Dynamic ensemble of HIV-1 RRE stem IIB reveals non-native conformations that disrupt the Rev-binding site.
The HIV-1 Rev response element (RRE) RNA element mediates the nuclear export of intron containing viral RNAs by forming an oligomeric complex with the viral protein Rev. Stem IIB and nearby stem II three-way junction nucleate oligomerization through cooperative binding of two Rev molecules. Conformational flexibility at this RRE region has been shown to be important for Rev binding. However, the nature of the flexibility has remained elusive. Here, using NMR relaxation dispersion, including a new strategy for directly observing transient conformational states in large RNAs, we find that stem IIB alone or when part of the larger RREII three-way junction robustly exists in dynamic equilibrium with non-native excited state (ES) conformations that have a combined population of ∼20%. The ESs disrupt the Rev-binding site by changing local secondary structure, and their stabilization via point substitution mutations decreases the binding affinity to the Rev arginine-rich motif (ARM) by 15- to 80-fold. The ensemble clarifies the conformational flexibility observed in stem IIB, reveals long-range conformational coupling between stem IIB and the three-way junction that may play roles in cooperative Rev binding, and also identifies non-native RRE conformational states as new targets for the development of anti-HIV therapeutics.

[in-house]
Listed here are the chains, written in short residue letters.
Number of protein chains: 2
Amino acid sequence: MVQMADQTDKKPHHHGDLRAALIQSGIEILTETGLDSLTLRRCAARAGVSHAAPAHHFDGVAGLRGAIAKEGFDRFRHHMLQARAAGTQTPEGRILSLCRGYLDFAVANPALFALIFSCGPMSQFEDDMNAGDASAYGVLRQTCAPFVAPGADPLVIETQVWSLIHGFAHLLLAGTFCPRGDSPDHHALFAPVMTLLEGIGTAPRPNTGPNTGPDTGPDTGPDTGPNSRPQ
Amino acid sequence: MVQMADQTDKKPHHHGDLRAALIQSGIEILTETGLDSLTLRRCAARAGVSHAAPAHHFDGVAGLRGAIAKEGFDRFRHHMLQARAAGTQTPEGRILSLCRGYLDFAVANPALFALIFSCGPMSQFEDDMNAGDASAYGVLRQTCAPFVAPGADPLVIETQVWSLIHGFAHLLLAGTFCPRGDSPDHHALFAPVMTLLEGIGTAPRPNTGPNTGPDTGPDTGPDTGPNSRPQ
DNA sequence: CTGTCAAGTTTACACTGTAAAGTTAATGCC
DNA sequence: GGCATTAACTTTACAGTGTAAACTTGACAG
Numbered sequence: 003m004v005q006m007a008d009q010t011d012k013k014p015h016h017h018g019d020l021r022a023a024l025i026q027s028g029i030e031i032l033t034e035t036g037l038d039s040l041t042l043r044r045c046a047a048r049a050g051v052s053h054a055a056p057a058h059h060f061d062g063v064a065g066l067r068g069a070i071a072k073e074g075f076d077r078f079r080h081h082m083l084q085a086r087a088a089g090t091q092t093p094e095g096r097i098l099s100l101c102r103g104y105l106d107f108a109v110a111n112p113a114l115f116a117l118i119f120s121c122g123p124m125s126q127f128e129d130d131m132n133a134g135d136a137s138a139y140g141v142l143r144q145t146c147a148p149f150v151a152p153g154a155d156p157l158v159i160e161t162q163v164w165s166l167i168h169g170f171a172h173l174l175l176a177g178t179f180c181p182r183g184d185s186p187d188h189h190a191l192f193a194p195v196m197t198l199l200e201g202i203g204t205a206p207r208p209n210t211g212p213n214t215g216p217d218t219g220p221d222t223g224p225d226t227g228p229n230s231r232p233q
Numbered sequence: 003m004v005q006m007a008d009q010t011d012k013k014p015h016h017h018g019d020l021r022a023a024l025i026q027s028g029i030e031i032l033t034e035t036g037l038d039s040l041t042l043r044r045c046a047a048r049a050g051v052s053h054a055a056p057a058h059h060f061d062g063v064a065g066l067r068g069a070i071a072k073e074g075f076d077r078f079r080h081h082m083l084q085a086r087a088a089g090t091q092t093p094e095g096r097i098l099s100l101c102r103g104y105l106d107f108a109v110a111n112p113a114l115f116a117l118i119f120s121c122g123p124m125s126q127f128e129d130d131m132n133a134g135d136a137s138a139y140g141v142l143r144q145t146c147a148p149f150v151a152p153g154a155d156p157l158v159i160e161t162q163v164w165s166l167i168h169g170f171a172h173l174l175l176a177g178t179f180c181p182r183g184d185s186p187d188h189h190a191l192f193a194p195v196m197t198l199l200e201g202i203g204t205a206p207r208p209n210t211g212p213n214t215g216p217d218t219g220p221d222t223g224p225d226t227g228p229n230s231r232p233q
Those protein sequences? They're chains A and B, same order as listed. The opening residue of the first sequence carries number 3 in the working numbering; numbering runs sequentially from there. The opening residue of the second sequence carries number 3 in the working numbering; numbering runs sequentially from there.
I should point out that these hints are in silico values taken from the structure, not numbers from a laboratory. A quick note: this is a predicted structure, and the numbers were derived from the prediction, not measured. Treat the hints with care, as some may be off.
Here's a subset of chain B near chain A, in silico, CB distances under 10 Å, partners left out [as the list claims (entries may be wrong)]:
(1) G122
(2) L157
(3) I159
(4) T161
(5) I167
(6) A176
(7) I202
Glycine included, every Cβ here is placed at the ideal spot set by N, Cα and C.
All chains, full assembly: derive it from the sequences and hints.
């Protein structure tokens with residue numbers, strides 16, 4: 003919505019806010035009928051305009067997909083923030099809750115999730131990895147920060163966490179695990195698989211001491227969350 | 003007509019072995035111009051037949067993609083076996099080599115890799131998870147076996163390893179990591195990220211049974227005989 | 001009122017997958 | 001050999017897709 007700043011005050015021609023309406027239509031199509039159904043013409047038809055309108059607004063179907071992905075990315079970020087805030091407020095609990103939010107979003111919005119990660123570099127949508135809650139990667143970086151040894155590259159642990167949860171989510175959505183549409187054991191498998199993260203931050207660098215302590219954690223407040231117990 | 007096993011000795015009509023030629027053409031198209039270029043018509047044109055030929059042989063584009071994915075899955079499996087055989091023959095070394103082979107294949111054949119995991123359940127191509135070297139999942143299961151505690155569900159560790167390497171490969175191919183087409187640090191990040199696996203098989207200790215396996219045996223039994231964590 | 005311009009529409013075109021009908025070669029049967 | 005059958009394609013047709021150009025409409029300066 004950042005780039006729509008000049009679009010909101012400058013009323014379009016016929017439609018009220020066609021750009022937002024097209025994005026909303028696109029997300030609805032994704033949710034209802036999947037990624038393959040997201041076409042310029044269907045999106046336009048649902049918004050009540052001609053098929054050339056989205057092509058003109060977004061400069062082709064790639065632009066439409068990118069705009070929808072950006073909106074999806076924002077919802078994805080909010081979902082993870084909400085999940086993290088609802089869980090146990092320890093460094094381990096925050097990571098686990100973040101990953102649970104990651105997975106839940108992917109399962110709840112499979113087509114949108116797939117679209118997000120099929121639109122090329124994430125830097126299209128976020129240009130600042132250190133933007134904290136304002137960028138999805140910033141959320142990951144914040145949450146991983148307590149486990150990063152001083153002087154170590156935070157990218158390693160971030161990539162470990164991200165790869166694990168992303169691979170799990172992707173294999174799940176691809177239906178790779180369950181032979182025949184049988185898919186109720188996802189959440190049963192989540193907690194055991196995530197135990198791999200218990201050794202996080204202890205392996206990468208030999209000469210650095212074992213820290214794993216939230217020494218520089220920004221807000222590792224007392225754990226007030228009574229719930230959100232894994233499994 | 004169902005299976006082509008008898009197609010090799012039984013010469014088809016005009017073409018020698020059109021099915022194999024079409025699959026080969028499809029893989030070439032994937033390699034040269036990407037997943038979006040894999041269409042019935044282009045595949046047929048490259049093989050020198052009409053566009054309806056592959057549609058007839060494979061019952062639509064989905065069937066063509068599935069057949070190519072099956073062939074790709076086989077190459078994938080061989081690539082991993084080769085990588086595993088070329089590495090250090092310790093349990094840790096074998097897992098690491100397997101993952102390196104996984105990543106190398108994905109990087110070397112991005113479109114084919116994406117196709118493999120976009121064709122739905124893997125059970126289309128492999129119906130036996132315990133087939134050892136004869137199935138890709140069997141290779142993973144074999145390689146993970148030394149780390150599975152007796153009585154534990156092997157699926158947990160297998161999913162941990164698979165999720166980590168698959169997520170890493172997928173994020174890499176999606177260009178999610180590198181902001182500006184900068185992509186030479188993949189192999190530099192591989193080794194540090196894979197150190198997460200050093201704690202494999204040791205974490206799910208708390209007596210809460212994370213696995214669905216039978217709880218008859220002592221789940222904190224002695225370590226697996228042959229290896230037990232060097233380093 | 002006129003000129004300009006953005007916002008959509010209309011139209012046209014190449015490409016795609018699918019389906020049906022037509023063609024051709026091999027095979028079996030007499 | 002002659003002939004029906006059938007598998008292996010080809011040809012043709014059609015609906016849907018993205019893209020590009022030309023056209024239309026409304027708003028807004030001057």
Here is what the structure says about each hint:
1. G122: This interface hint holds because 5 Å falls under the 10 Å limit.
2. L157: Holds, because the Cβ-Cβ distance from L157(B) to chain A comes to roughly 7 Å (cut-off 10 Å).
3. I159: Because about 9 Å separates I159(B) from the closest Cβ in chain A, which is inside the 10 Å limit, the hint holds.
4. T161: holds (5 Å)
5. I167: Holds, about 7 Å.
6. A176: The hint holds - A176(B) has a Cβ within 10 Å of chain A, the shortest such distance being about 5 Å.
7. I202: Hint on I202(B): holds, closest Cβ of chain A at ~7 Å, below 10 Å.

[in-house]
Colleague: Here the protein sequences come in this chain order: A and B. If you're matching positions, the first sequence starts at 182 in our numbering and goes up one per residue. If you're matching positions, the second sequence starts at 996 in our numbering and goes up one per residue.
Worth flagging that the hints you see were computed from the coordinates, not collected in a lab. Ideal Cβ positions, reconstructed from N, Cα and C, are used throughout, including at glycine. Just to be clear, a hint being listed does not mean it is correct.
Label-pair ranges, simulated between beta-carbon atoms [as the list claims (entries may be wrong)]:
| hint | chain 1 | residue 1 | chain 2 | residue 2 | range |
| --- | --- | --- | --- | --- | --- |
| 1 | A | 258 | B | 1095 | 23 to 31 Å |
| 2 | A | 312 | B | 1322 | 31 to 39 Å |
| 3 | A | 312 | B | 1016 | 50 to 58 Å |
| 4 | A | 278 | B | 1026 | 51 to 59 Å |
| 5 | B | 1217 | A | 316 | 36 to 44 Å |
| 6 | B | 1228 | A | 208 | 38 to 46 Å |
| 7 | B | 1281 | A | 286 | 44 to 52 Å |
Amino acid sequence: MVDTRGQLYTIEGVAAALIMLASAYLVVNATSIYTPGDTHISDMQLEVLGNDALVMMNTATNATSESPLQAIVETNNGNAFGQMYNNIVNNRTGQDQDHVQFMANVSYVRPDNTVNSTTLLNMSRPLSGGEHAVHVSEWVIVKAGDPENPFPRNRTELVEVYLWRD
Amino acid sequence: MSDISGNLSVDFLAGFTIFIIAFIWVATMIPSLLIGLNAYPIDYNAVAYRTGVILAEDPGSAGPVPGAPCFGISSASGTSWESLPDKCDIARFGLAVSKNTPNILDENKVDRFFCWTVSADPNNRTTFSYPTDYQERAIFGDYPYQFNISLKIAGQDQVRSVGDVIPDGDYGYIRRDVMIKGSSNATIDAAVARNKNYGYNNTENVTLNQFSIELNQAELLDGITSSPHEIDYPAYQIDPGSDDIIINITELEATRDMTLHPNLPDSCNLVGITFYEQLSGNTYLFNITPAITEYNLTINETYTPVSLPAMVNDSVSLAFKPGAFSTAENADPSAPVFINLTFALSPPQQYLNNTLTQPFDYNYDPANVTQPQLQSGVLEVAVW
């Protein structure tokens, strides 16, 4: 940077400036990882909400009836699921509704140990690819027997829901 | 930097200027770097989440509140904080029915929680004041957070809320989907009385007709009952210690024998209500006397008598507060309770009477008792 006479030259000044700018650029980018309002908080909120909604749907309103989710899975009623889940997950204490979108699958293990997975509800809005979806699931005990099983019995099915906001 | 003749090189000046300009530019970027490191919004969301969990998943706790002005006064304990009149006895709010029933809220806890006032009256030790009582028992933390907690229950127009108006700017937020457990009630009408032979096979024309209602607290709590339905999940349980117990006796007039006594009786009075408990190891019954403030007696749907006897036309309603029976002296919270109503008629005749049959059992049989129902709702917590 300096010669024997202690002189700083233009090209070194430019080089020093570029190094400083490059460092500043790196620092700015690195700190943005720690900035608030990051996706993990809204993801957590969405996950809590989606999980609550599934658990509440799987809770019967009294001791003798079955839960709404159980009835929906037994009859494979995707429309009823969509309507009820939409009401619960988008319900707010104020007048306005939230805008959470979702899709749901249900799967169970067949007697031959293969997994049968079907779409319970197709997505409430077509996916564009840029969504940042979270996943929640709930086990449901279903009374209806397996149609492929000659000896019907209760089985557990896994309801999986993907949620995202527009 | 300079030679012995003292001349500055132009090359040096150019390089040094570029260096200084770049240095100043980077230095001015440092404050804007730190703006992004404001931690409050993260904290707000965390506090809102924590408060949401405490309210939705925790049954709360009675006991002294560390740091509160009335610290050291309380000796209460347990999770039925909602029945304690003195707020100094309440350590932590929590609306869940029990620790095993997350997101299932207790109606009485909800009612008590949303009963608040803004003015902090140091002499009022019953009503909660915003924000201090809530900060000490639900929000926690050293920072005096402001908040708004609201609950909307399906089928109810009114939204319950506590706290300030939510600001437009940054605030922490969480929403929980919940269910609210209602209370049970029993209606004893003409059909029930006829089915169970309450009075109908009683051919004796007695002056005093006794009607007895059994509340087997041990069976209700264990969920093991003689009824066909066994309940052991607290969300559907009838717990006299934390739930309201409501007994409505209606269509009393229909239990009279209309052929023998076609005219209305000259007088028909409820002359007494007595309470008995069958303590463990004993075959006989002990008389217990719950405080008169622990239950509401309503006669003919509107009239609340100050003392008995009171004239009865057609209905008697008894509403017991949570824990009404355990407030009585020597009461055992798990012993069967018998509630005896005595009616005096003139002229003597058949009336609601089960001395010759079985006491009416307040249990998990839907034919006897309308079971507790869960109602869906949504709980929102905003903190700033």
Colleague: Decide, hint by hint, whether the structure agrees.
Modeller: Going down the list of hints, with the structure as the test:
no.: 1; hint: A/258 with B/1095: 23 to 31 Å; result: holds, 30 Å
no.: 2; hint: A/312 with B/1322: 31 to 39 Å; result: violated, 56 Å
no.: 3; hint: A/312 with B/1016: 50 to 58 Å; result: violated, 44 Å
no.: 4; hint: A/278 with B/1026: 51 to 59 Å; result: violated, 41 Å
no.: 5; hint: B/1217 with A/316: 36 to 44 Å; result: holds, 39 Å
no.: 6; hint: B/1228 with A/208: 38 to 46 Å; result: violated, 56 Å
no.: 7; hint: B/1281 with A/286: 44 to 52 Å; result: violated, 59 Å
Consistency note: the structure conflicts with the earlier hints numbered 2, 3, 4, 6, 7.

Chu, C-C; Plangger, R; Kreutz, C; Al-Hashimi, HM
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